Painting ‘Landscape of Italian Character’ Returns To Museum

An American soldier stole a 300-year-old painting called the ‘Landscape of Italian Character’ during World War II. It returned to the Bavarian Museum after being missing since 1945.

The Federal Bureau of Investigation (FBI) returned a baroque landscape painting to the Bavarian Museum in Germany. An American soldier stole the “Landschaft italienischen Charakters” or the “Landscape of Italian Character” painting during World War II.

The FBI’s Art Crime Team returned the painting to the museum representatives in a brief ceremony at the German Consulate in Chicago. Austrian artist Johann Franz Nepomuk Lauterer created the masterpiece that depicts an Italian countryside. 

Art Recovery International tracked down the painting after an anonymous person called and claimed possession of a “stolen painting.” The tipster’s uncle brought the painting to the US after the war. 

Lawyer and founder of Art Recovery International Christopher Marinello spent years securing important artworks the Nazis had stolen during the war. Another painting goes home to its rightful place with help from the FBI.

READ ALSO: Unsolved Disappearance: A $3.7 Million Rodin Sculpture Has Been Missing For Almost 75 Years

Soldiers used to take objects as “trophies of war”

Marinello expressed that Art Recovery International encountered circumstances wherein soldiers took objects home as trophies of war. He added that winning wars “doesn’t make it right.”

The anonymous informant asked for payment in exchange for the painting in question, but Marinello said the request was inappropriate. He explained as well that his organization has a policy against paying for stolen artworks. 

The Landscape of Italian Character painting
The “Landscape of Italian Character” painting/Photo via the FBI’s official website

Marinello recounted that someone tried to sell the painting in the Chicago art market in 2011. It disappeared when the museum “put forth their claim.” 

The FBI Art Crime Team, attorneys, the museum, and Marinello came up with negotiations that resulted in the painting’s unconditional surrender.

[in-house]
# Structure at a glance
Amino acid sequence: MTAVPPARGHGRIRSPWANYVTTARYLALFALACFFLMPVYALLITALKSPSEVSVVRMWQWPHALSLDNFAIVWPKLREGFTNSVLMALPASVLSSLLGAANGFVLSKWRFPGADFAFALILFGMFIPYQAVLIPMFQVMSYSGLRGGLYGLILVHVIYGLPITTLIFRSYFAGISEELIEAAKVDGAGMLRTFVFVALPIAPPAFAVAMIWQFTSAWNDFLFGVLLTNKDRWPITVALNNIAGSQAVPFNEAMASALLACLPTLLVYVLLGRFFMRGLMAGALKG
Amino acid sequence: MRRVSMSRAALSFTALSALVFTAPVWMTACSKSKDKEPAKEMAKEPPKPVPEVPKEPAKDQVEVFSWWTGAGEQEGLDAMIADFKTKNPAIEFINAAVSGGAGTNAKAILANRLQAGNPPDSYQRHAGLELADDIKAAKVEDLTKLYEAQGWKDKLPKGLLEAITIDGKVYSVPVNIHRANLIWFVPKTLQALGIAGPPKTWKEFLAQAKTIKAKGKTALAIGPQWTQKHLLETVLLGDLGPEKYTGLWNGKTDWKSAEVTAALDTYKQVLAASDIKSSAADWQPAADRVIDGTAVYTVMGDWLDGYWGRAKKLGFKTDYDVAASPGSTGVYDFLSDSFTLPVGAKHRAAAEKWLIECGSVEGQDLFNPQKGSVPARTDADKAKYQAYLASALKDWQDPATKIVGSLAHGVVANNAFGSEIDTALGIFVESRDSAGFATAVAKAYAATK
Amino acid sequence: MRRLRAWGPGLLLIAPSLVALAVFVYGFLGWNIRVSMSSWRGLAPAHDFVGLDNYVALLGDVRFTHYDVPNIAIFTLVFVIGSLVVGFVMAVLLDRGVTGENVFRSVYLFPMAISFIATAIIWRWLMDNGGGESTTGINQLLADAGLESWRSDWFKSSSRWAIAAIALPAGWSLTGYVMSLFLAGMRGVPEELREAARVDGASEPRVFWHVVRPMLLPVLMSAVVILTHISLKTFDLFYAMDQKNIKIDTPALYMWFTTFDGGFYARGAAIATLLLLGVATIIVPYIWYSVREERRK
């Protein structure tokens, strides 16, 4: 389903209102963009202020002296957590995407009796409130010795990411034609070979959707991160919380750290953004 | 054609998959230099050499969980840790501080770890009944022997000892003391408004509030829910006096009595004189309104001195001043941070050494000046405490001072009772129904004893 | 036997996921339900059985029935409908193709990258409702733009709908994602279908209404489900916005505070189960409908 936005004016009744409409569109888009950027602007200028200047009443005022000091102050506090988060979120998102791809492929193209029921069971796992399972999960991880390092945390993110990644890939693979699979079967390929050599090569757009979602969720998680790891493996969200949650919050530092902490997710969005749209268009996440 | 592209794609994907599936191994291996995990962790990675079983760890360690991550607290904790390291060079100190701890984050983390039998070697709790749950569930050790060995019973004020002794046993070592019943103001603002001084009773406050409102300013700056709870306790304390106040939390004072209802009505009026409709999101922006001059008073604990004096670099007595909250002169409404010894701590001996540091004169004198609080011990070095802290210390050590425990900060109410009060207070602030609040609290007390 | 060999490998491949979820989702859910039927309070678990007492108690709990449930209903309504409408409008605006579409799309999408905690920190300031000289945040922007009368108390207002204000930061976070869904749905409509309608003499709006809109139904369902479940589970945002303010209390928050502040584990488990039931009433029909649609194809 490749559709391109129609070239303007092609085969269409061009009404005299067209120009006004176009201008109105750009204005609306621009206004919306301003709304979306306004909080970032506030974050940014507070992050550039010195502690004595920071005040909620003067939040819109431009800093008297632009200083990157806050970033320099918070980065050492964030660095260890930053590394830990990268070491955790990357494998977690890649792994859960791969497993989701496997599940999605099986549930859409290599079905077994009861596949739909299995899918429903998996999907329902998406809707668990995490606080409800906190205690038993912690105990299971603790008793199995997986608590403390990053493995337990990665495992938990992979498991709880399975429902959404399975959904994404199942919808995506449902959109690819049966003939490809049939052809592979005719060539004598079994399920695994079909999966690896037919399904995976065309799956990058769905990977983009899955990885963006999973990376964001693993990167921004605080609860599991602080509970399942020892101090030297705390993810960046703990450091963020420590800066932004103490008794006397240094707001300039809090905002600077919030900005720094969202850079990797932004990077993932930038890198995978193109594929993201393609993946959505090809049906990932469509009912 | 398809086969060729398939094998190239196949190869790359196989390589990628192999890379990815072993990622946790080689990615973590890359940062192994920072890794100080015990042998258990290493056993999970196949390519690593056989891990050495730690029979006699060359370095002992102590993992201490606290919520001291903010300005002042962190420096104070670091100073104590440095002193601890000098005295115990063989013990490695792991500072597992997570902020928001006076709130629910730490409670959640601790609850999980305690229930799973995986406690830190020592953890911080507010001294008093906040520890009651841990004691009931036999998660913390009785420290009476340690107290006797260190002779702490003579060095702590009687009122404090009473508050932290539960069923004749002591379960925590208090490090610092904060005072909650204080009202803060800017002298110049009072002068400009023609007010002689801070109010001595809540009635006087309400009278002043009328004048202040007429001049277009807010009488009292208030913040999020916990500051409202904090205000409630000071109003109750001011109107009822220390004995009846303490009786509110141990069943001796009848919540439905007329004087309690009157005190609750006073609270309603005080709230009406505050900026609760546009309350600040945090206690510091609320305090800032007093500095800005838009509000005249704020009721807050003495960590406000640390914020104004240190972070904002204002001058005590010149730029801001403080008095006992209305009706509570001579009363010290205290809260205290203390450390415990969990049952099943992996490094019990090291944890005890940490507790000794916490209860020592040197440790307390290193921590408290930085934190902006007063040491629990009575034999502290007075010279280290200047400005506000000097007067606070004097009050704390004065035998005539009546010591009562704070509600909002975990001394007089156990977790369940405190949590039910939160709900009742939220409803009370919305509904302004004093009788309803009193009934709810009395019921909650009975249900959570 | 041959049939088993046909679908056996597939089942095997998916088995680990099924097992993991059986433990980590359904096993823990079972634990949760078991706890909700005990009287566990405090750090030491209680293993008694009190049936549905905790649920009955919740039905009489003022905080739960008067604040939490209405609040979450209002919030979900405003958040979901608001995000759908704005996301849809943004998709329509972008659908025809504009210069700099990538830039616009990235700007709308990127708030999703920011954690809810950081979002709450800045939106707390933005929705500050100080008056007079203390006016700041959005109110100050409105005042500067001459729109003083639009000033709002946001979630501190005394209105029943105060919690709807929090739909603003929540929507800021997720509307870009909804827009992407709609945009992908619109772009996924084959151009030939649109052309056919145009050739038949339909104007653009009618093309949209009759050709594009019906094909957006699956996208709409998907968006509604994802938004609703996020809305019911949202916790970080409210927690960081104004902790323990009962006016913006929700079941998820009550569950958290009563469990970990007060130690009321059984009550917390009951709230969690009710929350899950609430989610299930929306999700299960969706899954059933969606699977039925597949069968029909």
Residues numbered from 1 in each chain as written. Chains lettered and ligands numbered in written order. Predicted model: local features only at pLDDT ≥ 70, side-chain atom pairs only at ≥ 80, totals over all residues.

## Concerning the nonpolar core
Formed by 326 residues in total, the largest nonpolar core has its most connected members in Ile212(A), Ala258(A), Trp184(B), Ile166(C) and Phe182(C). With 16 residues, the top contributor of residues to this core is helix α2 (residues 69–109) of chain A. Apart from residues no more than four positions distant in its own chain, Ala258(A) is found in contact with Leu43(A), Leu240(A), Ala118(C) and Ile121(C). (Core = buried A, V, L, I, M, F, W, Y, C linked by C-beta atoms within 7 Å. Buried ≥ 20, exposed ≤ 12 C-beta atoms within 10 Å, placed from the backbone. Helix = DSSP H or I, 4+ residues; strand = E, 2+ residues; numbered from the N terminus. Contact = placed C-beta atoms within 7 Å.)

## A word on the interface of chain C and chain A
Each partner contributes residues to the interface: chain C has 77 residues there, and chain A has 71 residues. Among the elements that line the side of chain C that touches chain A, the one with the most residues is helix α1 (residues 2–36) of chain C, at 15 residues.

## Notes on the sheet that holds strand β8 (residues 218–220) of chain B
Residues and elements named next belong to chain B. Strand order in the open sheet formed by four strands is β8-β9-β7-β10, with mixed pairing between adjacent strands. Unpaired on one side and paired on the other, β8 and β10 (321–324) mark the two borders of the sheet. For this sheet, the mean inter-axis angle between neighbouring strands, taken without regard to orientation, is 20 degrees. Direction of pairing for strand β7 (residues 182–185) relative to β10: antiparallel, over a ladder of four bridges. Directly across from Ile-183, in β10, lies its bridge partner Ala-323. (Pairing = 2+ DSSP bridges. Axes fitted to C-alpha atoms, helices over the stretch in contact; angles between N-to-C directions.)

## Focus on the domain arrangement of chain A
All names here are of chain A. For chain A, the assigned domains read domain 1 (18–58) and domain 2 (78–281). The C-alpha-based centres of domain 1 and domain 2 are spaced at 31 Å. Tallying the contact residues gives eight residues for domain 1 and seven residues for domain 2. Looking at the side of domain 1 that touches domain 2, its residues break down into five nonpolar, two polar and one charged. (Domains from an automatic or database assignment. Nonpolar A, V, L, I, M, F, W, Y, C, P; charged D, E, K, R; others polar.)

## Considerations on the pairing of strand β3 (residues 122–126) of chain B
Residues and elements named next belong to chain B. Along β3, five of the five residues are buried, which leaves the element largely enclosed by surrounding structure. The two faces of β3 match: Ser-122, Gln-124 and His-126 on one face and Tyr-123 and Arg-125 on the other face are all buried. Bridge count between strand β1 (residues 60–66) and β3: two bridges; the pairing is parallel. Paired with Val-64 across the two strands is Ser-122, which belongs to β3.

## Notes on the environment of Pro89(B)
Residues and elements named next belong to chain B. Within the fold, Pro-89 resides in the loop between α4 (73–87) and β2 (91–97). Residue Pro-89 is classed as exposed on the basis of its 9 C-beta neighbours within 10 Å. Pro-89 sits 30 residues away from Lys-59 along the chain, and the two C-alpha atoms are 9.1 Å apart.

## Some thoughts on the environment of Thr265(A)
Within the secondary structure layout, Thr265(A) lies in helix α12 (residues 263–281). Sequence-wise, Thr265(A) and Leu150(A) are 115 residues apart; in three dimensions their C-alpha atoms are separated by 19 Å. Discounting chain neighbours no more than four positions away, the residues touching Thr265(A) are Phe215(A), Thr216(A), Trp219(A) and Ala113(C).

The Associated Press reported that the Bavarian State Painting Collections first attempted to search for the painting between 1965 and 1973. The painting’s whereabouts did not surface until decades later.

‘Landscape of Italian Character’ reunites with its counterpart

The German museum said that the “Landscape of Italian Character” painting is set to reunite with its counterpart. The other painting shares the same imagery and theme. 

The two paintings form a panoramic countryside scene with tending shepherds, travelers, and animals by the river once enjoined. Museum curator of baroque paintings Bernd Ebert said that the Alte Pinakothek in Munich will display the pair for the first time since the war.

Ebert exclaimed that retrieving a long-lost painting is exciting and is a “very rare moment.”

Bernd Ebert with the Landscape of Italian Character
Bernd Ebert with the “Landscape of Italian Character”/Photo via the FBI’s official website

Two paintings reuniting is a “stroke of good fortune”

FBI Chicago Field Office’s Robert W. Wheeler Jr. said that the FBI Art Crime Team’s dedication led to the return of the painting to its rightful home. Wheeler recognized the organization’s ability of recovering more than 20,000 artifacts valued at hundreds of millions of dollars. 

Bavarian State Minister for Science and Arts Markus Blume expressed his gratitude for the agency as well. He reiterated that the painting’s surrender is not only an act of historical justice, but also an appreciation of cultural heritage. 

Ebert said reuniting Lauterer’s landscape masterpieces is “a real stroke of good fortune.” He added that the painting is to be restored and its presentation is planned for the near future.

The repatriation ceremony of the Landscape of Italian Character
The repatriation ceremony of the “Landscape of Italian Character”/Photo via the FBI’s official website

“This restitution would not have been possible without the swift action of the FBI Art Crime Team,” Marinello said. He honored the agency’s commitment in finding the stolen painting.

Banner photo via the FBI’s official website.

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